It’s back-to-school time. The keys to success this school year vary widely depending on your student’s age. A preschooler requires different types of preparation than a teenager. Regardless, all students need support from the adults in their lives in order to have a successful start to the new school year.
Besides a red apple and a sharpened pencil, the backpack is a symbol of the back-to-school season…and for good reason. Textbooks, notebooks, and other school supplies are heavy. If possible keep your student’s backpack load below 20 percent of their body weight, especially for young children and adolescents. If your student’s load is likely to exceed this amount on a regular basis, you might consider a rolling backpack. As a rule, choose backpacks with two shoulder straps, the wider the better. It is best to center the load on the student’s back rather than to one side or below the waist. Remind the student to use both straps since using one strap can strain small muscles of the neck as they are forced to share the load. For these reasons, messenger-style bags are usually best avoided.
For younger children, a new school environment can be scary. It may help to do a rehearsal visit to the school and classroom prior to the start of the semester. If you have students that will be walking to school for the first time, review the route with them. Pay particular attention to the streets that must be crossed. There may be a group of more experienced students that your child can join.
If your student is a new school bus rider, consider the following: ● Practicing the route to the bus stop ● How to safely board and ride the bus ● How to behave on the bus ● If applicable, practice the procedure for crossing the street in front of the bus after exiting
Sleep is crucial for a student’s focus and memory. In fact, insufficient sleep decreases academic performance and increases absenteeism. Children under 13 need 10 to 12 hours of sleep per night. For the new school year, try to establish a routine that includes turning off electronic devices, dimming lights, and quieting the house an hour or two before bed. Create a consistent bedtime routine and a consistent wake-up time. Teens in particular, may struggle to get back onto a school schedule after the summer. While they don’t need as much sleep, the daily rhythms of teens are naturally shifting later to support their maturing brain and body. It’s not that the teen is lazy, rather their biology is changing. While some schools have shifted their start times in recognition of these biological needs, most have not. Perhaps when rousing a teen for school, the best approach is to be firm but also understanding.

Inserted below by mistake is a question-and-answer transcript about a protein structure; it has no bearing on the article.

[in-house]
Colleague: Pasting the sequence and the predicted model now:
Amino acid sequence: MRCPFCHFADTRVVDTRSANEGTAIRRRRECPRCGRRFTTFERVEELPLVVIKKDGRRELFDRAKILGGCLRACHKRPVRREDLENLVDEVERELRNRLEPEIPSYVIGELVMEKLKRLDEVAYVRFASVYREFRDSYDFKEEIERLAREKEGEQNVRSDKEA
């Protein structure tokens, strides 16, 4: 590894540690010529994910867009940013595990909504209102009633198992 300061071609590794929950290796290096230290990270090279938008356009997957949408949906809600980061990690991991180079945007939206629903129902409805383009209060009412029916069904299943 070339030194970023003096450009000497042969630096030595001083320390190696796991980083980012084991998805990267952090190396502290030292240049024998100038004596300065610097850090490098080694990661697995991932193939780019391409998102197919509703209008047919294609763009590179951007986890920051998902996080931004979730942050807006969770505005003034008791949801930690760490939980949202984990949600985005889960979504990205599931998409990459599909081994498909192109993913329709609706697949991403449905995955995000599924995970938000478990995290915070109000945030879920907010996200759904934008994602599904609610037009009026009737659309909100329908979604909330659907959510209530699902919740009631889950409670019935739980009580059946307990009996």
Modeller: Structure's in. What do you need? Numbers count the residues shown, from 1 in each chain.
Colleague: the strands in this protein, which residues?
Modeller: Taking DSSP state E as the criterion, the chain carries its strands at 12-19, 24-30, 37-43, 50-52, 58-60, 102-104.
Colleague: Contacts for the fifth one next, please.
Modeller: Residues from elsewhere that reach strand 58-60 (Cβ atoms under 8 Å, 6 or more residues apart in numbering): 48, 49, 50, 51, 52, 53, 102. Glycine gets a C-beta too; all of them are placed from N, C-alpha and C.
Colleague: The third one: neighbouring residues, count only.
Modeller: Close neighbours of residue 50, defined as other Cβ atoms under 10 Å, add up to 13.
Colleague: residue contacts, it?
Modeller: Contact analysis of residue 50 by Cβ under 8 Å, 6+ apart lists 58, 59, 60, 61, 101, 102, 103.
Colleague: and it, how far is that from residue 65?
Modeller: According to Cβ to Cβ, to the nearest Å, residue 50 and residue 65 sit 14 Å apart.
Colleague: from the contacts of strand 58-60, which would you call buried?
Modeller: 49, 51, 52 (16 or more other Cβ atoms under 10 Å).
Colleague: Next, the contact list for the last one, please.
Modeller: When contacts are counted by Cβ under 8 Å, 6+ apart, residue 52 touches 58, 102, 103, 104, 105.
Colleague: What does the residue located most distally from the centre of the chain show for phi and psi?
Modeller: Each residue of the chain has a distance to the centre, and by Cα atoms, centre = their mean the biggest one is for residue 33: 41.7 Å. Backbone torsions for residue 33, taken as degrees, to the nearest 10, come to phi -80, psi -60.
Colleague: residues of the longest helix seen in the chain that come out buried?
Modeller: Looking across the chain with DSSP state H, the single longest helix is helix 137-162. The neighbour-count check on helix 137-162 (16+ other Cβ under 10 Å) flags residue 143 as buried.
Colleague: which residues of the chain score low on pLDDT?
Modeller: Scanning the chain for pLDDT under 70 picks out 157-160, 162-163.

Routines can also be important when it comes to successfully completing homework. Here are some tips for setting up a successful homework routine: ● Create a quiet study environment without distractions. ● Build homework time into choices about after-school activities. ● Establish rules early regarding TV and other distractions during homework time. ● Supervise computer and internet use. ● Offer support and show an interest in their work ● Use strategies to combat eye fatigue and brain fatigue such as short breaks, stretches, walks, yoga poses, or other exercises. ● Speak with the teacher early about topics your student is struggling with. ● If your child has persistent difficulty focusing on his/her homework, consider discussing your concerns with a healthcare provider.
Parents of a student with a chronic health condition or an allergy probably do not need to be reminded to discuss the condition with the teacher. It may also be helpful to inform any bus drivers, crossing guards, recess supervisors, or other adults who regularly interact with the student as well.
Set your student up with the right tools, good sleep, and confidence with these back-to-school tips. Most of all, make sure your students know they have your support this school year.